Thousands of children in Burma, also known as Myanmar, will starve to death in two to three weeks unless food is rushed to them, an aid agency warned Sunday as an increasingly angry international community pleaded for approval to mount an all-out effort to help cyclone survivors.

The United Nations said Burma's isolationist ruling generals were even forbidding the import of communications equipment, hampering already difficult contact among relief agencies.

A U.N. situation report said Saturday that emergency relief from the international community had reached an estimated 500,000 people. But the regime insists it will handle distribution to victims of Cyclone Nargis.

U.N. Secretary-General Ban Ki-moon, who has been unable to sway Burma's leaders by telephone, said he was sending U.N. humanitarian chief John Holmes to Burma this weekend.

Holmes was expected to arrive Sunday evening in Burma's largest city, Rangoon, said Amanda Pitt, a U.N. spokeswoman in Bangkok, the capital of neighboring Thailand.

"He's going at the request of the secretary-general to find out what's really going on the ground, to get a much better picture of how the response is going and ... to see how much we can help them scale up this response," Pitt said. Details of the visit, she said, were still being worked out.

The U.N. report said all communications equipment used by foreign agencies must be purchased through Burma's Ministry of Posts and Communications — with a maximum of 10 telephones per agency — for $1,500 each. Importing equipment is not allowed.

State-run radio said the government has so far spent about $2 million for relief work and has received millions of dollars worth of relief supplies from local and international donors. It said the government was distributing assistance promptly and efficiently to the affected areas.

Aid agencies were not convinced.

Save the Children, a global aid agency, said Sunday that thousands of young children face starvation without quick food aid.

"We are extremely worried that many children in the affected areas are now suffering from severe acute malnourishment, the most serious level of hunger," said Jasmine Whitbread, who heads the agency's operation in Britain. "When people reach this stage, they can die in a matter of days."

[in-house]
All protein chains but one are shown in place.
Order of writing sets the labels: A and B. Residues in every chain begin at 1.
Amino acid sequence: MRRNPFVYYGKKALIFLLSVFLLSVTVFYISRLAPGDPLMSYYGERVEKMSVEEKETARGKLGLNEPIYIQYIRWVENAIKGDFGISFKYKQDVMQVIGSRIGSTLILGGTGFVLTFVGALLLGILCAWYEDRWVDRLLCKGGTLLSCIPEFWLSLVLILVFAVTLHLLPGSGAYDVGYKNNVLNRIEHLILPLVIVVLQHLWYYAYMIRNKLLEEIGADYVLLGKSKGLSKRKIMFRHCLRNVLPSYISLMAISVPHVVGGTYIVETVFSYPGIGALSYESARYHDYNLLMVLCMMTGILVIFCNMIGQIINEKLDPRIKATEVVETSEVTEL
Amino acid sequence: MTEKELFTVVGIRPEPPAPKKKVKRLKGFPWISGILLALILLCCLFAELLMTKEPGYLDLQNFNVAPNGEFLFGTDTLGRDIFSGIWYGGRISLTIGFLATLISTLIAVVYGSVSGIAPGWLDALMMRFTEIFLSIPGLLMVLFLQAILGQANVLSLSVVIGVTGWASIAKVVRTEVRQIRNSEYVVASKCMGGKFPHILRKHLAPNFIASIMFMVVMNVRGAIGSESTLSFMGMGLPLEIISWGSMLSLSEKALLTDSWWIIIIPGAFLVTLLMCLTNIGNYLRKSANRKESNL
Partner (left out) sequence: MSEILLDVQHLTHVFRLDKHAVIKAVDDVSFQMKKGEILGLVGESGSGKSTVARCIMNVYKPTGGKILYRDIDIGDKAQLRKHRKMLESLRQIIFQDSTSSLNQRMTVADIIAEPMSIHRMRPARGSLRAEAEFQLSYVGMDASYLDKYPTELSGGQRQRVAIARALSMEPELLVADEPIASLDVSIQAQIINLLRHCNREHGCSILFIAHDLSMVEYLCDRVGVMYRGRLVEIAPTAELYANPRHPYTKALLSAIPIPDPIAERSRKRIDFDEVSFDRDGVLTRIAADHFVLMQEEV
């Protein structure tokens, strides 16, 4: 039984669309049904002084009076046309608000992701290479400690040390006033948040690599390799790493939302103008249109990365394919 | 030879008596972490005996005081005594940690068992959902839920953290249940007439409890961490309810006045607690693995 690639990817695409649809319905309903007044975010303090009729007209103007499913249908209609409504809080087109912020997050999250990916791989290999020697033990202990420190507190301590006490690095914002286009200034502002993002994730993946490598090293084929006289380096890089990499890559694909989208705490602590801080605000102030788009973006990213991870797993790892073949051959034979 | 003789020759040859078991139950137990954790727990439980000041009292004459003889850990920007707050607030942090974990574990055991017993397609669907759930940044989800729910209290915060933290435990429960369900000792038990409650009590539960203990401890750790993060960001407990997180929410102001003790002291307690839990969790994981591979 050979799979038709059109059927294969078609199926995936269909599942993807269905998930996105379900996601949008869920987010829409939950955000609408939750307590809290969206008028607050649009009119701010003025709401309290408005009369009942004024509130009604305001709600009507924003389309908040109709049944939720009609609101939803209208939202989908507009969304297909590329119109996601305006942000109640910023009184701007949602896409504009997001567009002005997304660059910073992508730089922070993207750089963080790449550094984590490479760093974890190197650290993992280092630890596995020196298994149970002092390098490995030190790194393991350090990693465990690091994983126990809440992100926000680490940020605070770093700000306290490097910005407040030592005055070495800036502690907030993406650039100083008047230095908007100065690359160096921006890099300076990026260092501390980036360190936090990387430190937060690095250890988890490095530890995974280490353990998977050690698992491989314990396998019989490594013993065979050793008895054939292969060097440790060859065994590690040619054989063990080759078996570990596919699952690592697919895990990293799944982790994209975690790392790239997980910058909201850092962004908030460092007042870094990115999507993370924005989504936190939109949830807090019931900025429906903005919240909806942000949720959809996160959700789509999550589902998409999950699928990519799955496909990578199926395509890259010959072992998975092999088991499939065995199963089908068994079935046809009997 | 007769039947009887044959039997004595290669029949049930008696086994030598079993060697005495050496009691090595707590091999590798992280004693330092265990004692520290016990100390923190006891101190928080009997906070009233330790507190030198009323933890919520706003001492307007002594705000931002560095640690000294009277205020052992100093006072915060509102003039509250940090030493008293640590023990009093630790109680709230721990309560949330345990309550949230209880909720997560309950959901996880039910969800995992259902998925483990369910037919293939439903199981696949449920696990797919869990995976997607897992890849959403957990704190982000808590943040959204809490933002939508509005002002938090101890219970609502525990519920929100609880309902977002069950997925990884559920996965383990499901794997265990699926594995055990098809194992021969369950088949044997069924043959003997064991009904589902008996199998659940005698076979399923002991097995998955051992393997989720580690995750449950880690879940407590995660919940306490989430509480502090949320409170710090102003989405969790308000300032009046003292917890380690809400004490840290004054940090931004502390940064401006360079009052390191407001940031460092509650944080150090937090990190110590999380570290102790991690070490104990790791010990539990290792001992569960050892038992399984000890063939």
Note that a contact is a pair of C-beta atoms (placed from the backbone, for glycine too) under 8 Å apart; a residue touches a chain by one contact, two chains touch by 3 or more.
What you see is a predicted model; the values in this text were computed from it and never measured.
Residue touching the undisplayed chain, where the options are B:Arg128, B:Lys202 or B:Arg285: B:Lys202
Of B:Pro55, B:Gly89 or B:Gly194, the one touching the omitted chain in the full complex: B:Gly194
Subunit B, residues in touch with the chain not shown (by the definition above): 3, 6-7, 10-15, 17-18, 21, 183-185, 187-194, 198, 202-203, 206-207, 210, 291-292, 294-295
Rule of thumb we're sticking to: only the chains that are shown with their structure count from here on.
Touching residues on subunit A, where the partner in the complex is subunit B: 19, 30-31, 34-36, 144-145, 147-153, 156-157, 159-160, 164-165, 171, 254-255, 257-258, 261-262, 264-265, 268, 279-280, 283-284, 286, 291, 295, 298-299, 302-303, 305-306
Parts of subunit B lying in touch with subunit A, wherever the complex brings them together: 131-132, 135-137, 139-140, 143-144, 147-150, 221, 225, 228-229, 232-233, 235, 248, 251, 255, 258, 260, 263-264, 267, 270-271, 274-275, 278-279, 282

International outrage mounted over Burma's handling of the disaster.

Britain's prime minister accused authorities in the country of preventing foreign aid from reaching victims and said the military regime cares more about its own survival than it's people's welfare.

"This is inhuman," Gordon Brown told the British Broadcasting Corp.

In one town near Rangoon, tired and hungry refugees stood in the baking sun beside flooded rice paddies, demolished monasteries and thatched huts. With the arrival of each vehicle carrying precious food and water, they jumped with excitement and surged ahead to get a share.

At least they were getting something.

"The farther you go, the worse the situation," said an overwhelmed doctor in the town of Twante, just southwest of Rangoon, Burma's main city. "Near Rangoon, people are getting a lot of help and it's still bad. In the remote delta villages, we don't even want to imagine." The doctor declined to give her name, fearing government reprisal.

The government flew 60 diplomats and U.S. officials in helicopters to three places in the Irrawaddy delta, the hardest-hit area, on Saturday to show them progress in the relief effort.

The diplomats were not all swayed.

"It was a show," Shari Villarosa, the top U.S. diplomat in Burma, told The Associated Press by telephone after returning to Yangon. "That's what they wanted us to see."

A French navy ship that arrived Saturday off Burma's shores loaded with food, medication and fresh water — a potentially lifesaving cargo — was given the now-familiar red light. France's U.N. ambassador, Jean-Maurice Ripert, called it "nonsense."

"We have small boats, which could allow us to go through the delta to most of the regions where no one has accessed yet," he said. "We have small helicopters to drop food, and we have doctors."

The USS Essex, an amphibious assault ship, and its battle group also have been waiting to join the relief effort. U.S. Marine flights to Rangoon from their makeshift headquarters in Utapao, Thailand, continued Saturday — bringing the total to 500,000 pounds of aid delivered — but negotiations to allow helicopters to fly directly to the disaster zone were stalled.

Burma's state-run television, which has repeatedly broadcast footage of generals reassuring refugees calmly sitting in clean tents, announced Friday that the cyclone death toll had nearly doubled to 78,000 with about 56,000 missing.

Aid groups say even those estimates are low.

The international Red Cross says the death toll alone is probably about 128,000, with many more deaths possible from disease and starvation unless help gets quickly to some 2.5 million survivors.

But seeing that help gets to the victims does not appear to be a top priority for Burma's rulers. The military, which took power in a 1962 coup, has even barred foreigners from traveling outside of Rangoon, putting up a security cordon around the city.

Burma has been slightly more open to aid from its neighbors, accepting Thai and Indian medical teams, which arrived Saturday. The 32-member Thai team was expected to travel to the delta in the coming days, said Dr. Surachet Satitniramai, director of Thailand's National Medical Emergency Services Institute.

The Indian team consists of 50 doctors and paramedics from the Army Medical Corp., said Indian Air Force spokesman Wing Cmdr. Manish Gandhi. He could not immediately say if they would be allowed to go to the delta.